In A Room of One’s Own — the seminal feminist text explaining that “a woman must have money and a room of one’s own,” if she is to succeed as a writer — Virginia Woolf makes the persuasive (albeit classist) argument that “intellectual freedom depends on material things.” The room she is talking about is certainly metaphoric, but it certainly also tangible — it has walls, a door, an ability to keep people and distractions out, and it serves a purpose separate from housework. Most importantly, she makes clear, it has a lock: “A lock on the door means the power to think for oneself.”
The room she is describing might as well be the study in the Waterford house that Serena and June commandeered last episode and settle into during the months of the Commander’s hospital convalescence. It’s as traditionally masculine in design as you might imagine — fortified paneled wooden walls, an armory of books, and a carved, heavy desk like a parapet. But the two women slide into the space with ease. Restored to a room of their own, they can think, plan, write — and quite literally put their feet up. They can pop a record onto the turntable — some Lionel Richie, in this case — and feel their brains expand despite, or perhaps because of, the confines of the room.
Some sins, June notes in her opening dialogue, are far more easy to delude yourself about. How does Serena feel about “falling,” she wonders? “She seems pretty fucking happy.” And that’s because Serena is convinced that she is still doing God’s work, even while she defiles the very tenets she helped create — that a woman is a “helpmeet” for her spouse, a figure created under him so that he will not be alone. If she’s keeping Gilead propped up, Serena wagers, God will forgive her the small sins of reading, writing, thinking on her own. And Fred’s gratitude will supersede his own piety, leaving him indebted to her for saving the nation.
It’s not easy to feel bad for Serena, whose prior zealotry blinded her to common human decency, but seeing her happily enmeshed in her work again is almost as painful as watching June underline and scribble with the same relish she once applied to her publishing job. There’s a kinship here, too, that’s evident in the easy way they pass the work among one another. Although June may still head up to the garret at night while Serena retires to the silk-clad master bedroom, intellectual work has cultivated parity between the two women. Until the Commander comes home, and June has to line back up with the rest of the female underlings and pretend to praise God that the man who is keeping her enslaved is now walking — albeit feebly.
The Commander’s return isn’t easy on Serena, either, who tries to make inroads with her draft for an upcoming trip to Canada, but who is physically ushered from the room, the door clicking firmly shut behind her, leaving her cast out of the inner sanctum where she reigned freely for so many months. The praise he offers her for helping keep the trains running on time is the sort of praise far too many women will recall from their own offices — a thanks for “helping out,” for keeping things running smoothly, for doing the woman’s task of supporting a man in power. And the click of the door is very final — Fred may have needed her to keep him in power while he was weak, but now he isn’t taking any risks.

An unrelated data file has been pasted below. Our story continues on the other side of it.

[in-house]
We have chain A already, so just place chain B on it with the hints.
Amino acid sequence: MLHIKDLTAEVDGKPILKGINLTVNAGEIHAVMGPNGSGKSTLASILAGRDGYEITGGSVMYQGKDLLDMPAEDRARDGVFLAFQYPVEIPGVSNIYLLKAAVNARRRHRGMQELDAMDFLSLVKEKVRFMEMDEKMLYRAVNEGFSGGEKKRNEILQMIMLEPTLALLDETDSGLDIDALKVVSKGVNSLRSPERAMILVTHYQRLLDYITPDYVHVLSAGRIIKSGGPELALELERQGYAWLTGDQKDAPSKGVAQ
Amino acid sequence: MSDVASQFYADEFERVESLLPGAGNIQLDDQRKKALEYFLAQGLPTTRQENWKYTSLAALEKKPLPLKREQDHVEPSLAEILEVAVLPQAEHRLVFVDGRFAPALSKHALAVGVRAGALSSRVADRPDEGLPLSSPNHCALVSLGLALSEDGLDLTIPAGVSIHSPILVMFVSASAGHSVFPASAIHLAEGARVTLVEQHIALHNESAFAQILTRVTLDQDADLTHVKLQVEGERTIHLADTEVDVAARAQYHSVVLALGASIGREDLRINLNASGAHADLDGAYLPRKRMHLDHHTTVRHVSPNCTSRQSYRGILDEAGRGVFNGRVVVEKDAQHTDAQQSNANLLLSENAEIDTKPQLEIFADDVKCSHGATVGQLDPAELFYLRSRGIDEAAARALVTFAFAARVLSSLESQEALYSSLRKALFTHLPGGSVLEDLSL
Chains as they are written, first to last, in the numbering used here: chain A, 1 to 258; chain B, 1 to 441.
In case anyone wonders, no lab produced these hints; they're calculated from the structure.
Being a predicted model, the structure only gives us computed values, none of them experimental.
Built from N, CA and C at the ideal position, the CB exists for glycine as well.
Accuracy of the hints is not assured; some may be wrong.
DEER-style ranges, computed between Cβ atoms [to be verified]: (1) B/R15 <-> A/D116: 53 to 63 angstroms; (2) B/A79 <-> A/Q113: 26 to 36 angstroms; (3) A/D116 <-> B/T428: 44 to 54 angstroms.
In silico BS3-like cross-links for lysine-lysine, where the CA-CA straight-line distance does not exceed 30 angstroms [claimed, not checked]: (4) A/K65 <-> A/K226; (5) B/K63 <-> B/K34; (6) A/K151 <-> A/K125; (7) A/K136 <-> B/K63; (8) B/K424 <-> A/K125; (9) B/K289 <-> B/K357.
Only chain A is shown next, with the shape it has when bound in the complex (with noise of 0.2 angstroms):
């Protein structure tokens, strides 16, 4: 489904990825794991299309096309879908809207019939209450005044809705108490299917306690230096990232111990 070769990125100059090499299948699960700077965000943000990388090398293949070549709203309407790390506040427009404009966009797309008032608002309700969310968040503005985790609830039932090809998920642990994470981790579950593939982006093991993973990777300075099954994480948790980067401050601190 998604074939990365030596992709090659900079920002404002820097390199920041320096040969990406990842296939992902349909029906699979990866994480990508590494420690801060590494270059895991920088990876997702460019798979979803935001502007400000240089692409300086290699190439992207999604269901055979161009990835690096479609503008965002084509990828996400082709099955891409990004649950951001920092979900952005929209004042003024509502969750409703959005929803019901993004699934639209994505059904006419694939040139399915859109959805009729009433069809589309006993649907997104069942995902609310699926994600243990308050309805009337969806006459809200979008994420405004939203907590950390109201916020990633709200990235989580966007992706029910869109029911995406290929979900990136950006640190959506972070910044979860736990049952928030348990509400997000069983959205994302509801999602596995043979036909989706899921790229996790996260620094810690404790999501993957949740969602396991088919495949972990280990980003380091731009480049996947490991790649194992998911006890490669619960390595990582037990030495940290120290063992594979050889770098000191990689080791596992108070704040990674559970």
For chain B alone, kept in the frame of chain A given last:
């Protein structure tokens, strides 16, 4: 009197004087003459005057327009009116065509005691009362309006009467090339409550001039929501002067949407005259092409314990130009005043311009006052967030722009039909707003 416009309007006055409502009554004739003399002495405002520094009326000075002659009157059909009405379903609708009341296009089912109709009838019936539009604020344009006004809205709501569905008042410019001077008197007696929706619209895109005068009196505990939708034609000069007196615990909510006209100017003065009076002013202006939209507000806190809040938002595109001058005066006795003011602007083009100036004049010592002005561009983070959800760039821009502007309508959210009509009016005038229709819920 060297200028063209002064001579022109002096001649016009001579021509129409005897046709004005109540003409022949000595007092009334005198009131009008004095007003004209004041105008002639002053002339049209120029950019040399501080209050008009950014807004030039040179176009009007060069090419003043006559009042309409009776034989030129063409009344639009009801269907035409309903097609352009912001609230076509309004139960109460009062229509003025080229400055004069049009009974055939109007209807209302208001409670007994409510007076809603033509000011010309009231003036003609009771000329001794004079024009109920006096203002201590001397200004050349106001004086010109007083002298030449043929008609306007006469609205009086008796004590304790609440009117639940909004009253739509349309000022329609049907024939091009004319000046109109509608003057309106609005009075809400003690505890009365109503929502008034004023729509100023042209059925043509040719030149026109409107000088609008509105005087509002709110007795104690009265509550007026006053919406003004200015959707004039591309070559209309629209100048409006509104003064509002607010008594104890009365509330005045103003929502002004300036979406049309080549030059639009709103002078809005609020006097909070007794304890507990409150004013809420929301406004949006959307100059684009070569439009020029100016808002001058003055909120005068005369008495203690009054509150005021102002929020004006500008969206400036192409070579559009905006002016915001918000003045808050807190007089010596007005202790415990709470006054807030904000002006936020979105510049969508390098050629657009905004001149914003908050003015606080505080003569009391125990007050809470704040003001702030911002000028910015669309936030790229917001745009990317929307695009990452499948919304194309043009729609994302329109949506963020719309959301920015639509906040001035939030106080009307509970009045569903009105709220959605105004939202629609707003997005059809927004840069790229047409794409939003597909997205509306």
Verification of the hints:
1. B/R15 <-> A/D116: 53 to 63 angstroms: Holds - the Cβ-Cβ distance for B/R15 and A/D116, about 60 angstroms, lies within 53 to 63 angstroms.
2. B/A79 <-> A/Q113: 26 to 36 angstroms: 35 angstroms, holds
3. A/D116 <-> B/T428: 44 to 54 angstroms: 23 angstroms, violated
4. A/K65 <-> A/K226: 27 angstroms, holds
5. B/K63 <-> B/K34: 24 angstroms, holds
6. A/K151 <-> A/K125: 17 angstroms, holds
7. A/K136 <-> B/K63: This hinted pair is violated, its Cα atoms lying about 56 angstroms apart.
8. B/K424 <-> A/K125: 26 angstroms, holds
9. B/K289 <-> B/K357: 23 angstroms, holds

(As for that upcoming Canada excursion, there have been hints dropped all through this season that something major is brewing up north. Luke pointed out a few episodes back that it seemed likely that Canada might invade the U.S. sometime soon, and in last week’s episode the Canadian authorities themselves expressed some enthusiasm at the idea that the resistance was launching its own internal coup by means of Ofglen’s IED. Why is Commander Waterford planning a trip to Canada? Is it a ploy on behalf of the Canadian government to falsely convince Gilead that they are willing to work together? An intel-gathering operation? It would be fitting if Canada, Margaret Atwood’s home country, were to set in motion an invasion or insurgency that brings down Gilead.)
The entire quest with baby Angela/Charlotte (it’s worth noting that Angela is a common Christian name, meaning “angel,” but Charlotte, Janine’s preferred name for her baby, comes from a French root that means “free man or woman”) is a test of Serena’s newfound taste for freedom and desire to steer Gilead back in the direction she originally ordained. The fact that she reveals private information at all to June — that Angela is sick and there isn’t much hope that she’ll get better — is testimony to how their relationship has evolved over recent months. The last few times Serena came into June’s room were to strangle her and berate her, so knocking for a tête-à-tête on information vital to the heart of Gilead’s ethos is a huge step forward. “What do you think?” Serena asks, after telling June that she wants to involve a Martha who previously worked as a renowned neonatal physician. It’s probably the first time June’s been asked her opinion in years.